I don’t really pay too close attention to ticket prices as a matter of course, but some Mets folks are wondering if the Mets have jacked up Opening Day ticket prices:
I tried to search around for historical Opening Day prices, but couldn’t find anything straight from the Mets. I found this article from last year by Howard Megdal which refers to those promenade reserve tickets being $42, but I’m not sure if that’s a normal price or a special Opening Day price (seems like the Opening Day price based on the Game 2 price of those tickets in the above tweet).
It certainly seems like these are high prices — perhaps 50% higher for the cheapest seats on Opening Day based on Megdal’s article. An article which, by the way, talks about how there were tons of unsold tickets mere days before 2012’s Opening Day.
A little help from Mets fans or people who do pay closer attention to this stuff: is that an unusual set of prices for Opening Day or are specific Opening Day prices just something that always look like this and we don’t notice? And yes, I realize that no one will likely be paying those kinds of prices in reality thanks to the scalpers and all of that, but the team’s initial asking price is worthy of note.
LOS ANGELES (AP) San Francisco lefty Matt Moore lost his no-hit bid with two outs in the ninth inning on a soft, clean single by Corey Seager, and the Giants beat the Los Angeles Dodgers 4-0 Thursday night.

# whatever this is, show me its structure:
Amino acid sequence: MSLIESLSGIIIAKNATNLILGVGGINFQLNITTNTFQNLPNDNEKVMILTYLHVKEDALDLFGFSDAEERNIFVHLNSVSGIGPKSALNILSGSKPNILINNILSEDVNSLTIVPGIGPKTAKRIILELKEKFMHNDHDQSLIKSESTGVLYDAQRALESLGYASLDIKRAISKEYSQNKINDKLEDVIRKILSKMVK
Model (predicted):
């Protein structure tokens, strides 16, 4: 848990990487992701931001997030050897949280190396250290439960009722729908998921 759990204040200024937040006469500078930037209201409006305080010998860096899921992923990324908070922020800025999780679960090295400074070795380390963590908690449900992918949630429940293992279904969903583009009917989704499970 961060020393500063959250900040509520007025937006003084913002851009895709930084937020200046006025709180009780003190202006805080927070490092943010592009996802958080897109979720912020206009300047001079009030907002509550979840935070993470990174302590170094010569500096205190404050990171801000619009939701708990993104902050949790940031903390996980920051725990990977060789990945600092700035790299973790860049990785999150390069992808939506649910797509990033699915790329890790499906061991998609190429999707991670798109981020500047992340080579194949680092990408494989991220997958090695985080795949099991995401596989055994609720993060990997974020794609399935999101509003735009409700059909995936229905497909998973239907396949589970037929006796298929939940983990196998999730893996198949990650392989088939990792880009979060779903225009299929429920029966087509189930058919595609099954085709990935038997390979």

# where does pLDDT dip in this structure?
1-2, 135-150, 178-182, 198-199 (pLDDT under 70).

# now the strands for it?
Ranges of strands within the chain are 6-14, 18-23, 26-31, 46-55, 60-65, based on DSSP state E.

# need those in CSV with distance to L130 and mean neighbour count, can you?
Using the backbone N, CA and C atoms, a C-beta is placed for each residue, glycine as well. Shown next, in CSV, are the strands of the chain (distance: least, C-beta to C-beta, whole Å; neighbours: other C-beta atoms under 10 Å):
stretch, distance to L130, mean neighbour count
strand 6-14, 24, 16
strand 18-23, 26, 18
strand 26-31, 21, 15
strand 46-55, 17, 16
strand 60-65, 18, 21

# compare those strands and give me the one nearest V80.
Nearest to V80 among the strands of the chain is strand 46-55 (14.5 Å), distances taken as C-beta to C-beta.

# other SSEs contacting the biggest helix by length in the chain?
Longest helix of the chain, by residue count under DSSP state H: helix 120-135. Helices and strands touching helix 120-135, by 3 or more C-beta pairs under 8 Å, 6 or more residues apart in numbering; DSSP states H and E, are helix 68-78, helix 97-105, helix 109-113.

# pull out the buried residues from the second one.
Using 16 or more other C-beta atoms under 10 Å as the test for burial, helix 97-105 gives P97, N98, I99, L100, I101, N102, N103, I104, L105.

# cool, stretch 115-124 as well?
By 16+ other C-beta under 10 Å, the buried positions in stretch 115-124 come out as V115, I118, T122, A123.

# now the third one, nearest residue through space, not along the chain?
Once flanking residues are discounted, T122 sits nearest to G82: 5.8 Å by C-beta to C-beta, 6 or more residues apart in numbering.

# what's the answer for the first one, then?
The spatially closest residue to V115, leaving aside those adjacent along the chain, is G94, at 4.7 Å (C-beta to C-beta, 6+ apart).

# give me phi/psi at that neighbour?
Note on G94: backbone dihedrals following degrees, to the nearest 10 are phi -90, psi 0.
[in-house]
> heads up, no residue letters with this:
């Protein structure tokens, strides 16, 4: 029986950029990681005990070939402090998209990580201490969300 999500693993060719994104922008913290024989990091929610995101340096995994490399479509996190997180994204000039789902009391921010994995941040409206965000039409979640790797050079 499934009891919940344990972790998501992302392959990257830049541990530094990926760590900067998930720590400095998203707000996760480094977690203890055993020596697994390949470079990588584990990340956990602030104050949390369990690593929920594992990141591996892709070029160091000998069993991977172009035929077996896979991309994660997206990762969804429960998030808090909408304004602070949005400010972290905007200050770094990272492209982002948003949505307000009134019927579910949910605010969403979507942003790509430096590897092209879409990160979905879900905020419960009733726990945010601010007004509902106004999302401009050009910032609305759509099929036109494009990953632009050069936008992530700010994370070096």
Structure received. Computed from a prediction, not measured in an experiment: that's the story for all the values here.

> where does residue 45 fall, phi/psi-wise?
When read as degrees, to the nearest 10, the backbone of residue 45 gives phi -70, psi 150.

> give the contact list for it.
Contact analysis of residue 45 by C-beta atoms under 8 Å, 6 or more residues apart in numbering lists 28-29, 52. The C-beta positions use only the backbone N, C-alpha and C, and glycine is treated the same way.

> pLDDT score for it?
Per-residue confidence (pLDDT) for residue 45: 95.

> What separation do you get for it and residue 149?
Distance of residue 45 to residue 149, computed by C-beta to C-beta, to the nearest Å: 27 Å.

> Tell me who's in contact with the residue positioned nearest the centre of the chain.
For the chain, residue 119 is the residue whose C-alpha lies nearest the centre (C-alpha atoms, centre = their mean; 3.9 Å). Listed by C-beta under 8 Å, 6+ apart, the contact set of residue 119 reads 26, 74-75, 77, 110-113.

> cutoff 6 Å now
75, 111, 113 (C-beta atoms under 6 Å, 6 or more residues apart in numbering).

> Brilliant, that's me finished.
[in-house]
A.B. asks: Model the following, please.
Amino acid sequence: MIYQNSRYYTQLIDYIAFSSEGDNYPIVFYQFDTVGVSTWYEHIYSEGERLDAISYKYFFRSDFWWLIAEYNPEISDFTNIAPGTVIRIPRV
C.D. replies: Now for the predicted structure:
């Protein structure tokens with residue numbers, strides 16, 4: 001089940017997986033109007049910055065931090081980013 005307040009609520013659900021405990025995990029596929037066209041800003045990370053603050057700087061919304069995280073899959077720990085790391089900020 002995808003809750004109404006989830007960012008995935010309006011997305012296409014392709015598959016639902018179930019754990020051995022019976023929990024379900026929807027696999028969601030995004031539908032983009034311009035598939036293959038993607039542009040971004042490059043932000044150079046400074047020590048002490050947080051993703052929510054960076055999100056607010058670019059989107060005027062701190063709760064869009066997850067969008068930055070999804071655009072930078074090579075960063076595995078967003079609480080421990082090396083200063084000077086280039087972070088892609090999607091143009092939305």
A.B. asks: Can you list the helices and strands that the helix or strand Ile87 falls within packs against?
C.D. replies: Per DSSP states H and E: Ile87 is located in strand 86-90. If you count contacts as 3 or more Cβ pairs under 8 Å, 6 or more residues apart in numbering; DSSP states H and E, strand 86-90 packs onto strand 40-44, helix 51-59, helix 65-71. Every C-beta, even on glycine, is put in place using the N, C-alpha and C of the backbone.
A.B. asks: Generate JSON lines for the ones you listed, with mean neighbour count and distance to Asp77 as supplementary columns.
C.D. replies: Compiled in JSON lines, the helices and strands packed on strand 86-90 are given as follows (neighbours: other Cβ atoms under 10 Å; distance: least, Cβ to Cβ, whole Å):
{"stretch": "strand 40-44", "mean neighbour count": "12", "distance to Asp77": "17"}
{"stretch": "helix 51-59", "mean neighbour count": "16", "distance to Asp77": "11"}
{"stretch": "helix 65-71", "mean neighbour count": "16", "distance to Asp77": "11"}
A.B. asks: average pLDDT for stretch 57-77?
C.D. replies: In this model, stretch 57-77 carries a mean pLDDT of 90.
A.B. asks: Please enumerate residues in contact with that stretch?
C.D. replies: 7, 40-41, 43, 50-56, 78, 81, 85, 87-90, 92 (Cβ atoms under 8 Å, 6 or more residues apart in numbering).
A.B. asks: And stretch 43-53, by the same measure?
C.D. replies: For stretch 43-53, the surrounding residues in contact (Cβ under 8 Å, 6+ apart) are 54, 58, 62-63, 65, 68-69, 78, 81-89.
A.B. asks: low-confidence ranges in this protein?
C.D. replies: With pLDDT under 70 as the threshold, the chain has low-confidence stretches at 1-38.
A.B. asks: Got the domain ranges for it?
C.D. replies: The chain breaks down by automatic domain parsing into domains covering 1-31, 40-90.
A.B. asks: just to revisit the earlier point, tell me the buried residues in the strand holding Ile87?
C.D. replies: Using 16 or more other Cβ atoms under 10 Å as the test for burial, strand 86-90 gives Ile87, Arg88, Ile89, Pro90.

Moore’s try ended on his 133rd pitch. It was Seager Bobblehead Night at Dodger Stadium, and a sellout crowd cheered Moore after the ball plopped onto the grass in shallow right field.
Moore was pulled immediately. Giants manager Bruce Bochy had been pacing in the dugout for a couple of innings as Moore’s pitch count climbed – he missed most of the last two seasons after Tommy John surgery.
Giants center fielder Denard Span sprinted for two outstanding catches, including a leadoff grab in the ninth, to give Moore a chance.
Moore earned his first win for the Giants since they got him in a trade with Tampa Bay on Aug. 1.
The 27-year-old Moore nearly gave San Francisco a major league record five straight years with a no-hitter. And he almost became the first Giants pitcher to no-hit the archrival Dodgers since 1915, when New York’s Rube Marquard stopped Brooklyn.
Moore struck out seven and walked three. Reliever Santiago Casilla needed just one pitch to get the final out.
The win moved the Giants within two games of the NL West-leading Dodgers.
The Mets rode a bloop hit and a fortuitous slide by Yoenis Cespedes into a four-run fifth inning against the Cardinals during Thursday night’s game.
After Cespedes drew a one-out walk, James Loney hit a weak pop-up into shallow left field. Left fielder Brandon Moss and shortstop Greg Garcia both gave chase but it dropped in. Cespedes, running the bases aggressively, sprinted towards third base. Moss scooped up the ball and threw to Adam Wainwright covering third base.
Cespedes appeared to have been tagged out by Wainwright, but as luck would have it, Cespedes’ cleats stuck on Wainwright’s glove and yanked it off. Cespedes was ruled safe and the Cardinals challenged the call, but it was ultimately upheld.
After that play, Curtis Granderson struck out, Wilmer Flores reached on a fielding error by Garcia, and Alejandro De Aza hit a three-run home run to right field, pushing the Mets’ lead to 7-0.